The Waters of Bristol Bay- Alaska's Sockeye Salmon
Bristol Bay salmon season exceeds expectations
Monday, September 23, 2019, 00:00 (GMT + 9)
More than 56 million fish returned to Bristol Bay this summer. That’s far more than predicted and the sixth-largest run ever recorded.
At USD 306.5 million, the preliminary exvessel value for the salmon season is the highest in the fishery’s history. The exvessel price is the amount of money fishermen get when they sell their salmon to a processor. But the key word here is “preliminary.”
Photo: wildsalmoncenter.org/Ryan Peterson
“That total value will only go higher,” said Garrett Evridge, an economist with the McDowell Group, an Anchorage-based consulting firm.
Evridge explained that the price the Alaska Department of Fish and Game provided only includes this year’s base price of USD 1.35, not bonuses for things like icing and bleeding fish.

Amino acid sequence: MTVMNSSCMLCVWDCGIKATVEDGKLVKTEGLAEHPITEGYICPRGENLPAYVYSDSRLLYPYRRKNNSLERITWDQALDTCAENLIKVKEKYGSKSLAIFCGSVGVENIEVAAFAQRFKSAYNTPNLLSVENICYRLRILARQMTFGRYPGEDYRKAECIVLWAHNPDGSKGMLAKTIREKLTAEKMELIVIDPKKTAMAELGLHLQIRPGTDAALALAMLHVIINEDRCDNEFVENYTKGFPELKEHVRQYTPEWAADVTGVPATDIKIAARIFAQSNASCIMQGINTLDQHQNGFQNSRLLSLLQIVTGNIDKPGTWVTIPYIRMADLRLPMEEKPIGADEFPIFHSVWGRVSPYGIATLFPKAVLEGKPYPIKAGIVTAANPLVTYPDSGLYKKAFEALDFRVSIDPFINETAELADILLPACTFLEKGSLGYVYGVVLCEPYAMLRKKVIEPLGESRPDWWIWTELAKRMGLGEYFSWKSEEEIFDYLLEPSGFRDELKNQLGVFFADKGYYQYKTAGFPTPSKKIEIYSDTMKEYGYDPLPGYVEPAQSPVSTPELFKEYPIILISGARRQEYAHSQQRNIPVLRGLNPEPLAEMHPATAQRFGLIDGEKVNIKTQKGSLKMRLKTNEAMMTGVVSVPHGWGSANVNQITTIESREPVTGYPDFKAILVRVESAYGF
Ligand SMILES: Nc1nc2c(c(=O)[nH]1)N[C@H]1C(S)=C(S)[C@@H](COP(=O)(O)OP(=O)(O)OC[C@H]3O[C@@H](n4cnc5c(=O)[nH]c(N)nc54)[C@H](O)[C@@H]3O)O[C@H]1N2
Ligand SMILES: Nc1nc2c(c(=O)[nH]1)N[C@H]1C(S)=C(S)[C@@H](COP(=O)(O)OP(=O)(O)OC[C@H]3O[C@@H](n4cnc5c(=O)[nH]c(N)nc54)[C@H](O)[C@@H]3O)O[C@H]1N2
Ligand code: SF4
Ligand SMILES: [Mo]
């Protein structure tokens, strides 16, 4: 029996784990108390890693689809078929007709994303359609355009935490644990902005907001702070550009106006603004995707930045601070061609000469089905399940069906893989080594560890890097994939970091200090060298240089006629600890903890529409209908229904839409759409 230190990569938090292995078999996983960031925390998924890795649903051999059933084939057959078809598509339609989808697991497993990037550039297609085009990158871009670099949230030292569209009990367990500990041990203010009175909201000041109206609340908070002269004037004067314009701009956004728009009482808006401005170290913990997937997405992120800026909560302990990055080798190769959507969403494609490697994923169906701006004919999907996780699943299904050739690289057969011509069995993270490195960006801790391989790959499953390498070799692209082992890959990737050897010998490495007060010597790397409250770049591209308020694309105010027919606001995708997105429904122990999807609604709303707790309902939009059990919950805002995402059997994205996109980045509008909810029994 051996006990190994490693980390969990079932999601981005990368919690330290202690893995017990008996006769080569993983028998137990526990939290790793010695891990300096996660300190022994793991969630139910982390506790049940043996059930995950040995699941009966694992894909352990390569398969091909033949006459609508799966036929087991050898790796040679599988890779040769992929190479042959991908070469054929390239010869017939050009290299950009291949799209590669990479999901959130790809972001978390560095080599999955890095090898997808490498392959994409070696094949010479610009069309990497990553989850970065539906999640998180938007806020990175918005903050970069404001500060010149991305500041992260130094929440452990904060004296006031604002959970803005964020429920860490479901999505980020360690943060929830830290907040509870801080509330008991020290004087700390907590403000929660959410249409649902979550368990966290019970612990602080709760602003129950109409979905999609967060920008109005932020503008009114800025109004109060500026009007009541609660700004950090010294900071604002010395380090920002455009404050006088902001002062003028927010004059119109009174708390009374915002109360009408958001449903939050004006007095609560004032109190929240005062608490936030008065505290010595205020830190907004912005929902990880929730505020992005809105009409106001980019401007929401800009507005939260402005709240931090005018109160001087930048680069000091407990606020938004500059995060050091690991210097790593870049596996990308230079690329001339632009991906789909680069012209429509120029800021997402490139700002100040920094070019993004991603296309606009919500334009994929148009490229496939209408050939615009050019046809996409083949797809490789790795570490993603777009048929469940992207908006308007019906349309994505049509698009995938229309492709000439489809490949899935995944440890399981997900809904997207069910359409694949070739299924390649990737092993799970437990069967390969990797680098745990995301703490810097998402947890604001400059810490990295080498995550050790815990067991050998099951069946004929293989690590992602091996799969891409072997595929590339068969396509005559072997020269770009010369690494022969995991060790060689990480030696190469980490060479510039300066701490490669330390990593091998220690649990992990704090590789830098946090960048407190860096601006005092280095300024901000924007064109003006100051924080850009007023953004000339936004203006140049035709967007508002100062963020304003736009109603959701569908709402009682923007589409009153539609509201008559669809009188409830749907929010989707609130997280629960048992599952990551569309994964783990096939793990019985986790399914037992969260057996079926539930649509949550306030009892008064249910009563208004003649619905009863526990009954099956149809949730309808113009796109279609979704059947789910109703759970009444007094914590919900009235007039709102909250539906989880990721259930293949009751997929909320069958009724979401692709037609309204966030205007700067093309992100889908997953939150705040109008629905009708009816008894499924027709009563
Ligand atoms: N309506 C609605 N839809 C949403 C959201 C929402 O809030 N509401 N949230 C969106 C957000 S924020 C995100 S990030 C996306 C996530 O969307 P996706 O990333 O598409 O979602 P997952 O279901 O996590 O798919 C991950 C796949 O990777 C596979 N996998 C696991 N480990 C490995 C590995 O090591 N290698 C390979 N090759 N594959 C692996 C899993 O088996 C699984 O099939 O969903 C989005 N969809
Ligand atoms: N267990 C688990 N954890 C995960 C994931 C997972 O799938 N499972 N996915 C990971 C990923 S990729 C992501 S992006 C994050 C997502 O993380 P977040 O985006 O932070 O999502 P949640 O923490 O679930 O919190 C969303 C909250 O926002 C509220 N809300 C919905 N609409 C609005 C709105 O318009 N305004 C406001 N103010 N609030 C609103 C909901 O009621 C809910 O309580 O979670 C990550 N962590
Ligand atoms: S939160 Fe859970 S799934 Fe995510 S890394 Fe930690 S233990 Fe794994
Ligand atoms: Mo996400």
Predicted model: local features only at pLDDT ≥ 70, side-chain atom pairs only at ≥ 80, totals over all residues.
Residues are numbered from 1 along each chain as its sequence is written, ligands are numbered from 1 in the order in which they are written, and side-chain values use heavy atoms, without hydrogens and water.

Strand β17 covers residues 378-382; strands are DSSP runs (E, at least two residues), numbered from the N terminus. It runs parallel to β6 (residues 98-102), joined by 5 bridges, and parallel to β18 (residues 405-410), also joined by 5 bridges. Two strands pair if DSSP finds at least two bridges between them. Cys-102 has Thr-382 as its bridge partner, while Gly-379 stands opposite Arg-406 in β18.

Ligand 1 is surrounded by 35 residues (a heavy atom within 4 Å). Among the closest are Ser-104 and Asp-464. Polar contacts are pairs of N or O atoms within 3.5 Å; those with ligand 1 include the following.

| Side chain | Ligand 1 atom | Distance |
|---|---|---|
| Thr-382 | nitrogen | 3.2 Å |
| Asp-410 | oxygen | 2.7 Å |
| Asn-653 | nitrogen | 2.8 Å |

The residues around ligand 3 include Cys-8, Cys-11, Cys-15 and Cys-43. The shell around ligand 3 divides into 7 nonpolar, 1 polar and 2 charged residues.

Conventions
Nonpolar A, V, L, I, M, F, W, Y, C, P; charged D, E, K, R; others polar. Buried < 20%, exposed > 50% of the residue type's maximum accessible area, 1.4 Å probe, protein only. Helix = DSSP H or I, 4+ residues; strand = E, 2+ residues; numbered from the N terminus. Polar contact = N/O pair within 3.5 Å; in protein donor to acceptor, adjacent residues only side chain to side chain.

“That average price of USD 1.35 is only going to increase," he said. "We don’t know what the final price will be, but it will be higher than a buck thirty-five. And then that will influence the total exvessel value for the 2019 Bristol Bay harvest.”
The final number, due out sometime next spring, will determine whether this year’s price will exceed previous seasons.
That price tag is just one in a series of big numbers from this summer. The Bristol Bay fleet hauled in 43 million fish – the second-largest harvest on record.
Photo: Sockeye salmon in the Bristol Bay watershed. (COURTESY OF FISH EYE GUY PHOTOGRAPHY/earthjustice.org)
Tim Sands, an area management biologist for Fish and Game, says part of why the catch was so large this year is because more of the returning fish were 1-3s – that is, they had spent one year in freshwater and three in the ocean, and so had more time to grow.
“A higher percentage of older fish this year," he said. "We had bigger fish in the Nushagak, but also fishermen adapted a little bit by using smaller-mesh gear."
Author: Isabelle Ross / KDLG (Read the whole article here)